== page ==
Friday, August 20, 2010

Surrogate Keys in a CIF

In this Q&A, two more questions about surrogate keys.  Here's the first:
Q:   In a Corporate Information Factory architecture, if the EDW contains a change history for every table, do data marts need surrogate keys?
- Los Angeles, CA
A:  Yes. 

This is similar to a question from last year, in which change history was tracked in an operational system. This time, we're looking at an EDW tracking changes.

First, a little background on the CIF for the uninitiated.

In a Corporate Information Factory (CIF) the Enterprise Data Warehouse (EDW) is an integrated repository of atomic data.  The tables in this repository are normalized.  Data marts take information from this repository and structure it in a dimensional format for departmental access.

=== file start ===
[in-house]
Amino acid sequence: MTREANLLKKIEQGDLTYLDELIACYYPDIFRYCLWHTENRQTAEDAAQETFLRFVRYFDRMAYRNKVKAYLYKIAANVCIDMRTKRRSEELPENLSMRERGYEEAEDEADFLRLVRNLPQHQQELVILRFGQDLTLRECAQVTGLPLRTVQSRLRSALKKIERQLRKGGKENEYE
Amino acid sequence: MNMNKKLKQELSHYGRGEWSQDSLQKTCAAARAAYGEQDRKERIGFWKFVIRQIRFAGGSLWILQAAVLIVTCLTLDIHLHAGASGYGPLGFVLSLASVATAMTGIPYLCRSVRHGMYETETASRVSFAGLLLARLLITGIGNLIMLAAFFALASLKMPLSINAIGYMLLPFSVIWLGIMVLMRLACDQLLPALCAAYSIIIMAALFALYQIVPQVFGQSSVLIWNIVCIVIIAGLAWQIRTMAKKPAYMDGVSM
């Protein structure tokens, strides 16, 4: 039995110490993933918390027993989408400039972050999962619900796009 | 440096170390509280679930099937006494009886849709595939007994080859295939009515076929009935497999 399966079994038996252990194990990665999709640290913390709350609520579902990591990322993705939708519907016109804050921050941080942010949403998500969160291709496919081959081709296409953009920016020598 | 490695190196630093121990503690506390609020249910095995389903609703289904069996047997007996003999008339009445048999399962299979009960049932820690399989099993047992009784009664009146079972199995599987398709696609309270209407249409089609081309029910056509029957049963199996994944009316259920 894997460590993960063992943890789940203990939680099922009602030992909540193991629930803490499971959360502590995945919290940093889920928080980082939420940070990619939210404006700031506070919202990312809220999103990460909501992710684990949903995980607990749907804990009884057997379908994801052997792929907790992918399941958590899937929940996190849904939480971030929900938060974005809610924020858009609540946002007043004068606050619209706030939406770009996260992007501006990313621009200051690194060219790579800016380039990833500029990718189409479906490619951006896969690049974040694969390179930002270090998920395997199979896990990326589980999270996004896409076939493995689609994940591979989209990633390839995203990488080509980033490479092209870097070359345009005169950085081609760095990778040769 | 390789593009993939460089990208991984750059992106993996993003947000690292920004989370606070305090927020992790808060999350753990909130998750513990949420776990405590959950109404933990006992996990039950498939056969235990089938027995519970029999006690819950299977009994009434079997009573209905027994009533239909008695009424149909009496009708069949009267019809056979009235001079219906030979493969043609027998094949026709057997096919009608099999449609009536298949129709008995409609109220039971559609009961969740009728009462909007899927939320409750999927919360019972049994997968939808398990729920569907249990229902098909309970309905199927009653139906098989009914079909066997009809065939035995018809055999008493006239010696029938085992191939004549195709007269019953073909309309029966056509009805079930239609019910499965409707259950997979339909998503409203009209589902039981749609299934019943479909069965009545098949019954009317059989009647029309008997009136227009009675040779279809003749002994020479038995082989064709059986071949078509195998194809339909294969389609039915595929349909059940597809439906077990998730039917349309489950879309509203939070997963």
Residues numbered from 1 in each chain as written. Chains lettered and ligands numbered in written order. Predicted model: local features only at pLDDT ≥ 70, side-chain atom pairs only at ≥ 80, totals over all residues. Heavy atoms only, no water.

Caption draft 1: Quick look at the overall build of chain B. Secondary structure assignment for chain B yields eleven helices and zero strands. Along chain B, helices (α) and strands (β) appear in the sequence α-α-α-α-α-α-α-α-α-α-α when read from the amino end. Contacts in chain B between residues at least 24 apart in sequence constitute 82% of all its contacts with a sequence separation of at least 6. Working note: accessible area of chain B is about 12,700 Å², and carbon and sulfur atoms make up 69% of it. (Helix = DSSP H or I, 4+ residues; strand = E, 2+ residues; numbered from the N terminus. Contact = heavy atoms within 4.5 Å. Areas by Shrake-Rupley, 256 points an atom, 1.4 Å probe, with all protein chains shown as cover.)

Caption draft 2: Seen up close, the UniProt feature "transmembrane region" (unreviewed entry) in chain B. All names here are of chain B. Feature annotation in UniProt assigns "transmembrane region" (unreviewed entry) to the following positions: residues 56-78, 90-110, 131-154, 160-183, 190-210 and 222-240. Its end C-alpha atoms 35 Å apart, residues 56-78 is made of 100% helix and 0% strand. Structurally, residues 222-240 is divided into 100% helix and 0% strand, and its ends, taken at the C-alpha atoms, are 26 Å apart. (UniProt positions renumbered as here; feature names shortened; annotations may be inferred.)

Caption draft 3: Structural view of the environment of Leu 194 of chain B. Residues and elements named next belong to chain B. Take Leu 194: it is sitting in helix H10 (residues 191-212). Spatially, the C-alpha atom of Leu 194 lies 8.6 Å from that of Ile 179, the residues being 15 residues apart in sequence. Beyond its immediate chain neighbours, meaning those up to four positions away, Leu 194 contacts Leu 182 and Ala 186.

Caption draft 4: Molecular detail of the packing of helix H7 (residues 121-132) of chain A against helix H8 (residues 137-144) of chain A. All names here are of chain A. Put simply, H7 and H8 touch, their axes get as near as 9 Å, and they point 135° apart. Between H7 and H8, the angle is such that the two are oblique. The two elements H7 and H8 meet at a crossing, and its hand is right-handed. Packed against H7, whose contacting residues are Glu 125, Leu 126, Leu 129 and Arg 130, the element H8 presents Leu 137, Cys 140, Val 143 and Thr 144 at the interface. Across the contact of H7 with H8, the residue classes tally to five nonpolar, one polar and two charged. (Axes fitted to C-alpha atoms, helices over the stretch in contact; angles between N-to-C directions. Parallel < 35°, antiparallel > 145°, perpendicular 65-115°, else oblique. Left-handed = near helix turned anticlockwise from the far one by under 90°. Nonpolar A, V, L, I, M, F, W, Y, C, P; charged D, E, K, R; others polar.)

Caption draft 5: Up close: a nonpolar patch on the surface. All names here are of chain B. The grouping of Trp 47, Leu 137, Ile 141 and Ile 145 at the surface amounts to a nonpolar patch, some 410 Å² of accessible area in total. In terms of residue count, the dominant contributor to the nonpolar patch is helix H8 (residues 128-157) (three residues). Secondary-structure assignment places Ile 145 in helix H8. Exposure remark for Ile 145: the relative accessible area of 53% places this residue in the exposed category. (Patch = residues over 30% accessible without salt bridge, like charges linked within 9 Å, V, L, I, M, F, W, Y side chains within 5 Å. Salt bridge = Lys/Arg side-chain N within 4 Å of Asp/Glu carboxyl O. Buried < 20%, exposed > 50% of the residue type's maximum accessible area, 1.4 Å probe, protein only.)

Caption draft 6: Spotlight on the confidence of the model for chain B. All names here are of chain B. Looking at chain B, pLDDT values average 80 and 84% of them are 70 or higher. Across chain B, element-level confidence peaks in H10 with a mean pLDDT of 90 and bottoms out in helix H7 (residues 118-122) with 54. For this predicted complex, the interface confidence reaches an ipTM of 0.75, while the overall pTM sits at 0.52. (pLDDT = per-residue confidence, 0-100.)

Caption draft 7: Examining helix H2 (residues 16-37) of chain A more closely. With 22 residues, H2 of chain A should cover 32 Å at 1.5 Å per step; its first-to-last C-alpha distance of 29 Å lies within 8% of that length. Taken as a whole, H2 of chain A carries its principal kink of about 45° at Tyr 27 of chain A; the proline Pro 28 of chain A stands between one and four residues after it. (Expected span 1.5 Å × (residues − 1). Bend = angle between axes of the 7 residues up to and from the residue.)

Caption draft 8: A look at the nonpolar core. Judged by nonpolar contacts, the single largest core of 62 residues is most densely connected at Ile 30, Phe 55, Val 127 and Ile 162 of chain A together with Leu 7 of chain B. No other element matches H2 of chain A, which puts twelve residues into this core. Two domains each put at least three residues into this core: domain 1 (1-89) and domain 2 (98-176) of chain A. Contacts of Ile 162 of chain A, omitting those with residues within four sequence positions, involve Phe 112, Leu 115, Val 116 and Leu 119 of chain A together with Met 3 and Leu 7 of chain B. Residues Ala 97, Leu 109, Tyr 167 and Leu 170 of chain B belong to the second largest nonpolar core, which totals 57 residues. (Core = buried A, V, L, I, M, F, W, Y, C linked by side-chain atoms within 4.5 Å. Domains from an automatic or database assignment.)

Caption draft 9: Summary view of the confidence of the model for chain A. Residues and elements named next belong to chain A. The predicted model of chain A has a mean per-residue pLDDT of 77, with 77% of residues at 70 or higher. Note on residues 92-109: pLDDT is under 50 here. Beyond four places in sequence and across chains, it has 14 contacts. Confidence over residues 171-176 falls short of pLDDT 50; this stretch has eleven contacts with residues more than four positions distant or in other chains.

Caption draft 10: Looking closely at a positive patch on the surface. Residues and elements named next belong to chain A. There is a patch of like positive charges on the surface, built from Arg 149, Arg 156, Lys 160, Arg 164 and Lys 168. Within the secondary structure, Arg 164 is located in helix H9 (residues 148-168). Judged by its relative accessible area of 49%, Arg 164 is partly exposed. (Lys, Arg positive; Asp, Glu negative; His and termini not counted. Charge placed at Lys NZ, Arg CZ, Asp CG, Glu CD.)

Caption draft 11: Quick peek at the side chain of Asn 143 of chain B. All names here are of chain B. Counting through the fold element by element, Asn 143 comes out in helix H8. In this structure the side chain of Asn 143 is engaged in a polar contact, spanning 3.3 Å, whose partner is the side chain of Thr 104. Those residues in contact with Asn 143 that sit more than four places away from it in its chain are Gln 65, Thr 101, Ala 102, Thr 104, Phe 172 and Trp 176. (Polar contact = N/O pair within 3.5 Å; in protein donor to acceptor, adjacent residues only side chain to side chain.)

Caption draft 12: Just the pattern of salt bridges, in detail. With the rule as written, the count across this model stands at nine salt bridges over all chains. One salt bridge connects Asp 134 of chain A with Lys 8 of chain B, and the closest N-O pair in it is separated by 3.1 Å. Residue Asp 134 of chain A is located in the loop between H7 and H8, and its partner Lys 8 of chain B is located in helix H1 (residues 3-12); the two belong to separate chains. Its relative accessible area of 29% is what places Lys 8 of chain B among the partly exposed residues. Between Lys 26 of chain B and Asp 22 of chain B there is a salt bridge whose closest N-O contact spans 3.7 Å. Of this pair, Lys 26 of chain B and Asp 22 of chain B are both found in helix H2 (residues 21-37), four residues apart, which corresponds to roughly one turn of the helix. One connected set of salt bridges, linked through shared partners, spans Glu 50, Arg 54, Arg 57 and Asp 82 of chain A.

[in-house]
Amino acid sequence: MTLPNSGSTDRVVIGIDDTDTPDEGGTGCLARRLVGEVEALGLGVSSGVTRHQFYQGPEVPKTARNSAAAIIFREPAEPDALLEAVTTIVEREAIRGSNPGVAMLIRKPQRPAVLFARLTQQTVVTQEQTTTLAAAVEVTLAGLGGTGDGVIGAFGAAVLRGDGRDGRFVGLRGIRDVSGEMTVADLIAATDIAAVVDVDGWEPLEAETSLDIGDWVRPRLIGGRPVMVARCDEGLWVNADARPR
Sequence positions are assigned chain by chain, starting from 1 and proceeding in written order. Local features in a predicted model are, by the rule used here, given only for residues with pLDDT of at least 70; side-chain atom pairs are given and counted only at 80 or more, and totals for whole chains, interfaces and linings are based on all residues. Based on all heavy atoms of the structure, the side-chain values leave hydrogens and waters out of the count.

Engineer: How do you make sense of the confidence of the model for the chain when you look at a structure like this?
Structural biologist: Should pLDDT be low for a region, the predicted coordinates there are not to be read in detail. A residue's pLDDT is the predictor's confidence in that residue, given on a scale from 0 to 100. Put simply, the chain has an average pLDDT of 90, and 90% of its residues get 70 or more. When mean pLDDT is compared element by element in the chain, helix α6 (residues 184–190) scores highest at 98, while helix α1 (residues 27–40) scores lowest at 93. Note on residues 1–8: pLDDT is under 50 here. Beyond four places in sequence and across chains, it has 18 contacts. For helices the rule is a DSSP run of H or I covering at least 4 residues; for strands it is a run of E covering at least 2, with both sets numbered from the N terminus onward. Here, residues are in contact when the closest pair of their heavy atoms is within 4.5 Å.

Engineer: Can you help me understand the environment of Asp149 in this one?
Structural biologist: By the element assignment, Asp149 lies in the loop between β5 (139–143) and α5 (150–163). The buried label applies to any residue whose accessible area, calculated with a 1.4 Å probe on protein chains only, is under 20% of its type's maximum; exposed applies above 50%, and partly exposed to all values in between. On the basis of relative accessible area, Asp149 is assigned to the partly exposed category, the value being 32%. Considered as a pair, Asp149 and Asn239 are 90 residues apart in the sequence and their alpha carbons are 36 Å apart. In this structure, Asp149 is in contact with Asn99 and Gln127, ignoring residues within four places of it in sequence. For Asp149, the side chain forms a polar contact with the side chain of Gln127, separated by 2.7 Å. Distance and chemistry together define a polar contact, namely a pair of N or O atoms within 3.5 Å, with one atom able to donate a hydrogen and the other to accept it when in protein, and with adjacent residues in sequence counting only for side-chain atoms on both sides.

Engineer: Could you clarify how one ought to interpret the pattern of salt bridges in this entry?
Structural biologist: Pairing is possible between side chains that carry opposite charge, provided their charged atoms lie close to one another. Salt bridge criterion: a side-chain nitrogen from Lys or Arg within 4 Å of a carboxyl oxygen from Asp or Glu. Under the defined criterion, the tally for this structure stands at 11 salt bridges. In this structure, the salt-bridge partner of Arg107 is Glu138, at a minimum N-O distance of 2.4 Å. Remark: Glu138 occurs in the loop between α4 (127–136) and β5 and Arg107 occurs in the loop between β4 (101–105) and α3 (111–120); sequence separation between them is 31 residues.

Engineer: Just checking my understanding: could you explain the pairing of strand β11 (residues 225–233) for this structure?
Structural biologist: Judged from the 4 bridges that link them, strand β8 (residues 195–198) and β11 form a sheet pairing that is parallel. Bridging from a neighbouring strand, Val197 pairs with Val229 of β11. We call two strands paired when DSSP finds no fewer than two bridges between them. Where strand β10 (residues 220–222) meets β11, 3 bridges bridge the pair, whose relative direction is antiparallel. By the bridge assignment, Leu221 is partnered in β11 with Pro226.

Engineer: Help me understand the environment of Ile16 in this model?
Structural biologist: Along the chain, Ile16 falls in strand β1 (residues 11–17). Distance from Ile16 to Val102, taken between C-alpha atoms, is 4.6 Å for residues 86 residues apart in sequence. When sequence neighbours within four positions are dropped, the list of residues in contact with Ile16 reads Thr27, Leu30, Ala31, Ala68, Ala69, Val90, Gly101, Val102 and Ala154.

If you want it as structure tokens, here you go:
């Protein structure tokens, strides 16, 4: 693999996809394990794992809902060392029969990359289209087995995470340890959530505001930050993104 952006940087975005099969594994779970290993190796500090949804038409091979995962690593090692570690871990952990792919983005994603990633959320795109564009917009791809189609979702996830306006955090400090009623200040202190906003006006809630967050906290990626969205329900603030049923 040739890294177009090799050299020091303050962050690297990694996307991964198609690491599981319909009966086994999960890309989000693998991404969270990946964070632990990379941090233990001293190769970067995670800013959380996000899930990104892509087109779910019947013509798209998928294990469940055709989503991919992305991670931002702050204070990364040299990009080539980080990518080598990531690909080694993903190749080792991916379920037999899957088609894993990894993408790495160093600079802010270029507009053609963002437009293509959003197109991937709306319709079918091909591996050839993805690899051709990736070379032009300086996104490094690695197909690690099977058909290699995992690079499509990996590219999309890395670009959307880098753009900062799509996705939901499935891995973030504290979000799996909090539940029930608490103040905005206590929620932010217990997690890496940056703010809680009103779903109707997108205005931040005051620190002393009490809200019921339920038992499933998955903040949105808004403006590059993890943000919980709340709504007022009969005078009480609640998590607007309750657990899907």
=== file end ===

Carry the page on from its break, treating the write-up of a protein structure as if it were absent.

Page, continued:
Dimension tables are not normalized.  In a CIF, a given dimension may draw data from many tables in the EDW.

For example, a Company dimension might pull data in from a dozen or more normalized tables that include the information on the company, its locations, accounts, lines of business, market data and contact information. 

If the dimension relied exclusively on the unique identifiers of these tables to identify rows, it would require a multi-part key that would have numerous parts.

And if, as you say, your EDW tracks change history to each table, this multi-part key may be compounded by version numbers or date stamps from each source table. This is impractical.  (It also makes it difficult to support type 1 responses in the data marts.)